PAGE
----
Strained gasoline supplies lead American fuelmakers to maximize output
(Bloomberg) — It may not be quite throwing caution to the winds, but the prospect of hefty profits and supply that may not stretch to meet consumer demand is enticing U.S. refiners to run at a 21-month high, testing equipment limits to sustain high rates without breakdowns.
Gasoline stockpiles remain the lowest seasonally in seven years. A major breakdown when supplies are constrained by several years of closures that wiped out more than a million barrels of capacity could be disastrous. Stockpiles would shrink further and already high pump prices could surge higher, causing some drivers to curtail or reduce travel plans.
“Running hard increases general stress on a unit, increasing the risk of an unplanned outage,” said Robert Campbell, head of oil products research at London consultancy Energy Aspects Ltd.
Some sites delayed maintenance to the fall and even to early next year to prevent shutting any unit vital to producing more fuel at a time when supplies are tight and profit margins are high. The risk: Running hard, particularly in summer heat, wears units down faster, reducing the time between turnarounds and increasing the cost of repairs when they do finally get taken down for maintenance.
Most immediately, high run rates risk abrupt breakdowns that could force a refiner to seek replacement products that cost more to buy than make. That would almost guarantee a spike in pump prices. Genscape’s Wood Mackenzie has reported multiple instances in June of crude units, gasoline-making FCC units and reformers that make high-octane gasoline blendstock suddenly reducing production with no maintenance planned or abruptly shutting down for a day or more.
“When the weather is hot, cooling tower efficiency is reduced and everything needs the cooling,” Campbell said.
In the week ended June 24, refinery runs were the highest since January 2020. Capacity utilization was 95%, highest since September 2019. East Coast and Gulf Coast oil processing plants ran at about 98%. Some refineries, according to people familiar with operations, are running above nameplate capacity to squeeze out every drop of product they can.
On the positive side, the pump price for a gallon of regular gasoline was $4.84 Thursday, according to AAA, down from a record $5.016 on June 13. Meanwhile, crude oil, which also influences gasoline prices, posted its first monthly decline this year in June. Contributing to the urgency to run hard while the market is favorable: US consumer spending fell in May for the first time in 2022 and prior months were revised lower.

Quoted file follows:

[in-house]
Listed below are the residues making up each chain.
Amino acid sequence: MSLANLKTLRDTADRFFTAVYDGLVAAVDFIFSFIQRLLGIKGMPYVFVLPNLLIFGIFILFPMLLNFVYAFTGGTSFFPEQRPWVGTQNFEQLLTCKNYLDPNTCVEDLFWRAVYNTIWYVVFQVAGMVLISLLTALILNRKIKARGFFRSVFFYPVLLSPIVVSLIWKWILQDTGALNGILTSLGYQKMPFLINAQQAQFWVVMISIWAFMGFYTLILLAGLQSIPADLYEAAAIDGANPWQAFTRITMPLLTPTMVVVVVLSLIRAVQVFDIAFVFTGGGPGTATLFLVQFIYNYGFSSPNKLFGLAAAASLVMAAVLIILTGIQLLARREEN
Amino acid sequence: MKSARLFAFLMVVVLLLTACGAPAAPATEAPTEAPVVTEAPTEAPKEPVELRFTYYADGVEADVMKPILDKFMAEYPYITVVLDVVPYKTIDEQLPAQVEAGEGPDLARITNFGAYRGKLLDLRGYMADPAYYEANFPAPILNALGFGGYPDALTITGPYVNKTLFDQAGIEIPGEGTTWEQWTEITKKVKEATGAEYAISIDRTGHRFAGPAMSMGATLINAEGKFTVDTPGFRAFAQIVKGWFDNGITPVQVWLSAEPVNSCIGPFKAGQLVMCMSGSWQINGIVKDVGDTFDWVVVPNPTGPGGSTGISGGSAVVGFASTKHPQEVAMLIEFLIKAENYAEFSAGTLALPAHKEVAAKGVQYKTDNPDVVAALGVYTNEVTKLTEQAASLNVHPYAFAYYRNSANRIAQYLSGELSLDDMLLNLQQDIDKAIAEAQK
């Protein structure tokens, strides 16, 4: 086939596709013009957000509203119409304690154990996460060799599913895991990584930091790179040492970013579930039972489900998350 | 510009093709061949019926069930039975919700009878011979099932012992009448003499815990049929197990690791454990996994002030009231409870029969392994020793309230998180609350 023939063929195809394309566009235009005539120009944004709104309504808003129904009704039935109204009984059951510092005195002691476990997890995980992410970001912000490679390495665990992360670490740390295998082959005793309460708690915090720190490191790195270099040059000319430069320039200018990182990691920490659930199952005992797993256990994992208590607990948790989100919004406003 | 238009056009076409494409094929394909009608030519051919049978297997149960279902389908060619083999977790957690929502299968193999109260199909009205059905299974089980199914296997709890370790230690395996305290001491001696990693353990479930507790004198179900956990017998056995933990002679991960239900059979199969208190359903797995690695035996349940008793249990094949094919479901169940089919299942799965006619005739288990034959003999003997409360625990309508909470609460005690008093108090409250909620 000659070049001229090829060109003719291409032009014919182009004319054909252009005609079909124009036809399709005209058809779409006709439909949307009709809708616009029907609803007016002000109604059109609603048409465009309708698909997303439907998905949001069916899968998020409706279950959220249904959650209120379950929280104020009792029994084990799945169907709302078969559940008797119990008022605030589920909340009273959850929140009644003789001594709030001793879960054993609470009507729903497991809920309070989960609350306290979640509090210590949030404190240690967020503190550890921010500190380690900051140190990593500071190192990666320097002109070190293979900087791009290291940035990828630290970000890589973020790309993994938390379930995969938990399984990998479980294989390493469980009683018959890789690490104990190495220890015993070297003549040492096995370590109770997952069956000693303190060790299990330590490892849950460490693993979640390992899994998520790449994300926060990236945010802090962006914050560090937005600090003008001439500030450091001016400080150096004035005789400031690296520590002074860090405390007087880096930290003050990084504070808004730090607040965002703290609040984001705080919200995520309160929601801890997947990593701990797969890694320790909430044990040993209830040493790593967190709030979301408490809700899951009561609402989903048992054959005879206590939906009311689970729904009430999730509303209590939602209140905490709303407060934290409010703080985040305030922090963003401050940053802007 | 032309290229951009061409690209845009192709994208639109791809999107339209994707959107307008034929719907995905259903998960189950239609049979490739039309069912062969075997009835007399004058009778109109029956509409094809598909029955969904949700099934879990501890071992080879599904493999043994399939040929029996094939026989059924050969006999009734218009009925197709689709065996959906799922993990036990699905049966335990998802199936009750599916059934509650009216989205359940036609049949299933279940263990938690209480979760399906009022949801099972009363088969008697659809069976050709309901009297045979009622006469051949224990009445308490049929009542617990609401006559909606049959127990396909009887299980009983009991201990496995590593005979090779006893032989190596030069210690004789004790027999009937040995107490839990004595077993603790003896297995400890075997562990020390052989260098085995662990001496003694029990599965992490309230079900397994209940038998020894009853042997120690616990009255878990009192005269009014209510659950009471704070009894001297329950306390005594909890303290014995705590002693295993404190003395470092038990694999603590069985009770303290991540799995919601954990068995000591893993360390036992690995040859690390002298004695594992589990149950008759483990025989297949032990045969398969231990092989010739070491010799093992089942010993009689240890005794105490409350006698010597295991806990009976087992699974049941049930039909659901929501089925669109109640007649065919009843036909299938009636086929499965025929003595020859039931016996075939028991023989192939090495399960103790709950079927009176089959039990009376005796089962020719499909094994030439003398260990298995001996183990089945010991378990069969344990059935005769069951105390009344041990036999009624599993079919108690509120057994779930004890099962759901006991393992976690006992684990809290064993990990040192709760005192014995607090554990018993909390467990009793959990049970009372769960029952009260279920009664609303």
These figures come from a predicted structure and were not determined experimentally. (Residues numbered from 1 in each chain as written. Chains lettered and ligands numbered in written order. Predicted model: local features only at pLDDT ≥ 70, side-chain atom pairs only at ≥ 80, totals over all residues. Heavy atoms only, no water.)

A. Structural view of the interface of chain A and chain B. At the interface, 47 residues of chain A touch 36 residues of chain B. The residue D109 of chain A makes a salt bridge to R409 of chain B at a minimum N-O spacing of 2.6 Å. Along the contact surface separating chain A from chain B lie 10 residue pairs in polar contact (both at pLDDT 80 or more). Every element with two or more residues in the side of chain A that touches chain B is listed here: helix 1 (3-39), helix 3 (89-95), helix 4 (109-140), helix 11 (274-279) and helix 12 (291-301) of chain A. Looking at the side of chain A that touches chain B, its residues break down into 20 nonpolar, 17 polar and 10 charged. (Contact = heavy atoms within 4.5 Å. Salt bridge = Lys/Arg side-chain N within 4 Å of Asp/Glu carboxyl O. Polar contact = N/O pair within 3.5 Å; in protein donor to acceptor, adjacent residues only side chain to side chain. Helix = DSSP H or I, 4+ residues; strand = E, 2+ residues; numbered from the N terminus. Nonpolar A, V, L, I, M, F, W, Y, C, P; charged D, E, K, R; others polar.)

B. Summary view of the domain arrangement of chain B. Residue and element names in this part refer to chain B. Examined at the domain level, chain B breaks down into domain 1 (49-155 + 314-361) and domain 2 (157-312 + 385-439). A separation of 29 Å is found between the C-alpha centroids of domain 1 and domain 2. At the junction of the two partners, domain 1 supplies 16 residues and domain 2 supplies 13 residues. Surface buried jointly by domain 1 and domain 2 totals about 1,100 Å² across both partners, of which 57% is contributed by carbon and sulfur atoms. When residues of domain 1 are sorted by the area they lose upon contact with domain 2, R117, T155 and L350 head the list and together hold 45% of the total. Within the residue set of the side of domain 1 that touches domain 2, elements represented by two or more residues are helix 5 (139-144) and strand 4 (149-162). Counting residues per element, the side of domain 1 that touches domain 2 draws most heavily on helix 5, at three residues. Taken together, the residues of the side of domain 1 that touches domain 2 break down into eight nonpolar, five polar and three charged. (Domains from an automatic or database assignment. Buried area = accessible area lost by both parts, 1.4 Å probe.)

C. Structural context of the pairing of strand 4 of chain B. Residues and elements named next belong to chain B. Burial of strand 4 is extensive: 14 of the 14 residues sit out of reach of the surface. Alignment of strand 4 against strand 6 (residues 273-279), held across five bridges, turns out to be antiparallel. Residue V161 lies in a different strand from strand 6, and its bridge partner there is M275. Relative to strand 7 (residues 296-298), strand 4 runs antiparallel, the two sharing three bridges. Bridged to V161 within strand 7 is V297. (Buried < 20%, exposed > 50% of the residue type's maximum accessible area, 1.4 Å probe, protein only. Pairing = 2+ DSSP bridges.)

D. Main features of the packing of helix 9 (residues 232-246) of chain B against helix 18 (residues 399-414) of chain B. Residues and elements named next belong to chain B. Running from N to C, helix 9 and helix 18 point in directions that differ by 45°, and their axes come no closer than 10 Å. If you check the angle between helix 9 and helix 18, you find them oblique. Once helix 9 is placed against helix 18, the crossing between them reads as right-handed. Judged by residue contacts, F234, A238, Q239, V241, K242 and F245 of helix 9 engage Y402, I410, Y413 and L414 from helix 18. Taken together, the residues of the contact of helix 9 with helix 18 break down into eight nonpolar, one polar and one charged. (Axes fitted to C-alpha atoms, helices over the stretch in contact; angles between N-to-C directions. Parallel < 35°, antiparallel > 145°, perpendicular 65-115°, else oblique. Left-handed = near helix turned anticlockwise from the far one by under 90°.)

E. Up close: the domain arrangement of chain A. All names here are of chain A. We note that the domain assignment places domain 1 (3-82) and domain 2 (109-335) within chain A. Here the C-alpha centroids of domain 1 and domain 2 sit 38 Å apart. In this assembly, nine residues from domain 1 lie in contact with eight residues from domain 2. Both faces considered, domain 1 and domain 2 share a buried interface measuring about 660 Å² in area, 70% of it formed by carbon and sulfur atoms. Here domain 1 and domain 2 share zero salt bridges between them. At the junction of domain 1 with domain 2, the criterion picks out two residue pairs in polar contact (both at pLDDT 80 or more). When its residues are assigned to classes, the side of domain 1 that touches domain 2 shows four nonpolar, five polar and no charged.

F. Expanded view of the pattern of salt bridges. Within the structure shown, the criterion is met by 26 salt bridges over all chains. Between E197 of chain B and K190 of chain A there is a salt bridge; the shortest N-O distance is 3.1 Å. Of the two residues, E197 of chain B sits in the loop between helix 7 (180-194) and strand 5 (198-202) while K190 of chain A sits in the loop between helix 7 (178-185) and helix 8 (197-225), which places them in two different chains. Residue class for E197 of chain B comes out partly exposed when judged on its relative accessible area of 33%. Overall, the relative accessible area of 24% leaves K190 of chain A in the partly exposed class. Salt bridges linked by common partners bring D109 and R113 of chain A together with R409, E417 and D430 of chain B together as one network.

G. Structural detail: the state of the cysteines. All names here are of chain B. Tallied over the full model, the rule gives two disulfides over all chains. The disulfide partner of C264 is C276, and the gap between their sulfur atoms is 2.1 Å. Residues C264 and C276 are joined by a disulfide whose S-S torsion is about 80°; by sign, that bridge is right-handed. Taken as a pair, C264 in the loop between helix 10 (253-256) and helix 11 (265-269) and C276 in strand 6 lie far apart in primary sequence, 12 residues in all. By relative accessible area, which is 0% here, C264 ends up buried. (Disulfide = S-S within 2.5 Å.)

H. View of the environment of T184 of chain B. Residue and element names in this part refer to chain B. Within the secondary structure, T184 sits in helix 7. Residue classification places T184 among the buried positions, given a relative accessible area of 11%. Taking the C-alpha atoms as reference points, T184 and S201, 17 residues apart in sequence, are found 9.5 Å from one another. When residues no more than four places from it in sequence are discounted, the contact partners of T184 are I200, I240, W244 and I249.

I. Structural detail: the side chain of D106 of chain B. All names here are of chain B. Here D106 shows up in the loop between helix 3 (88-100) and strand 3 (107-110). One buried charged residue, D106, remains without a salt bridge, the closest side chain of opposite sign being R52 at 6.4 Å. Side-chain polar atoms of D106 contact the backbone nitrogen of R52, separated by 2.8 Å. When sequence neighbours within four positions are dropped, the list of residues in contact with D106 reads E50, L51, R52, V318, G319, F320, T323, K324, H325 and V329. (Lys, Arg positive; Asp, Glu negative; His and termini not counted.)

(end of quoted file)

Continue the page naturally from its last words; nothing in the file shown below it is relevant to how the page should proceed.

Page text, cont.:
“There’s risk when you run at the top of your engineering design rates and refiners know that,” said John Auers, executive vice president of Turner Mason & Co. in Dallas. “But the temptation is to test those limits in this margin environment.”
Gasoline demand and profit margins have softened slightly in the face of higher retail prices, while remaining strong enough to support high run rates. Refining margins, as measured by the 3-2-1 crack spread based on futures markets, are more than double a year ago, despite dropping to below $50 a barrel from $60 in early June.
“With these margins most refiners will run the risk of a breakdown,” Campbell said. “It would be strange if anyone were operating conservatively.”
Refiners’ strategies seem to be paying off. US independent refiners, including the largest and second largest -- Marathon Petroleum Corp. and Valero Energy Corp. -- are set to report their best-ever profits in the second quarter amid booming refining margins, according to analysts’ estimates compiled by Bloomberg.
The US summer demand season, which began on the May 28 start of the 3-day Memorial Day holiday weekend, hasn’t even peaked. The season kicks into high gear in July and August. A record number of drivers are set to travel U.S. roads for the upcoming July 4 holiday weekend, according to AAA’s forecast.
Refiners have a limited window of opportunity to maximize profits. A very active Atlantic hurricane season is expected, bringing the potential of lengthy production shutdowns at Gulf Coast refineries and also in the New York Harbor area. So far the season has produced two storms, the latest Tropical Storm Bonnie is in the Caribbean Sea.
“There’s not a lot of immediate answers on the supply side,” Auers said. “If we had a major event on the Gulf Coast that shut in capacity, you are talking empty tanks at the retail level.”
Refining margins (as of June 24 in $/bbl)
- Maya U.S. Gulf coking at $50.04
- LLS U.S. Gulf cracking at $40.16
- WCS U.S. Midcontinent coking at $71.83
- East Coast Forcados cracking at $35.85
Nymex crack spreads (as of previous session)
- U.S. West Coast WCS crude oil 3-2-1 crack spread at $72.74
- 3-2-1 front-month crack spread at $46.88
- For more crack spread futures, see CRCK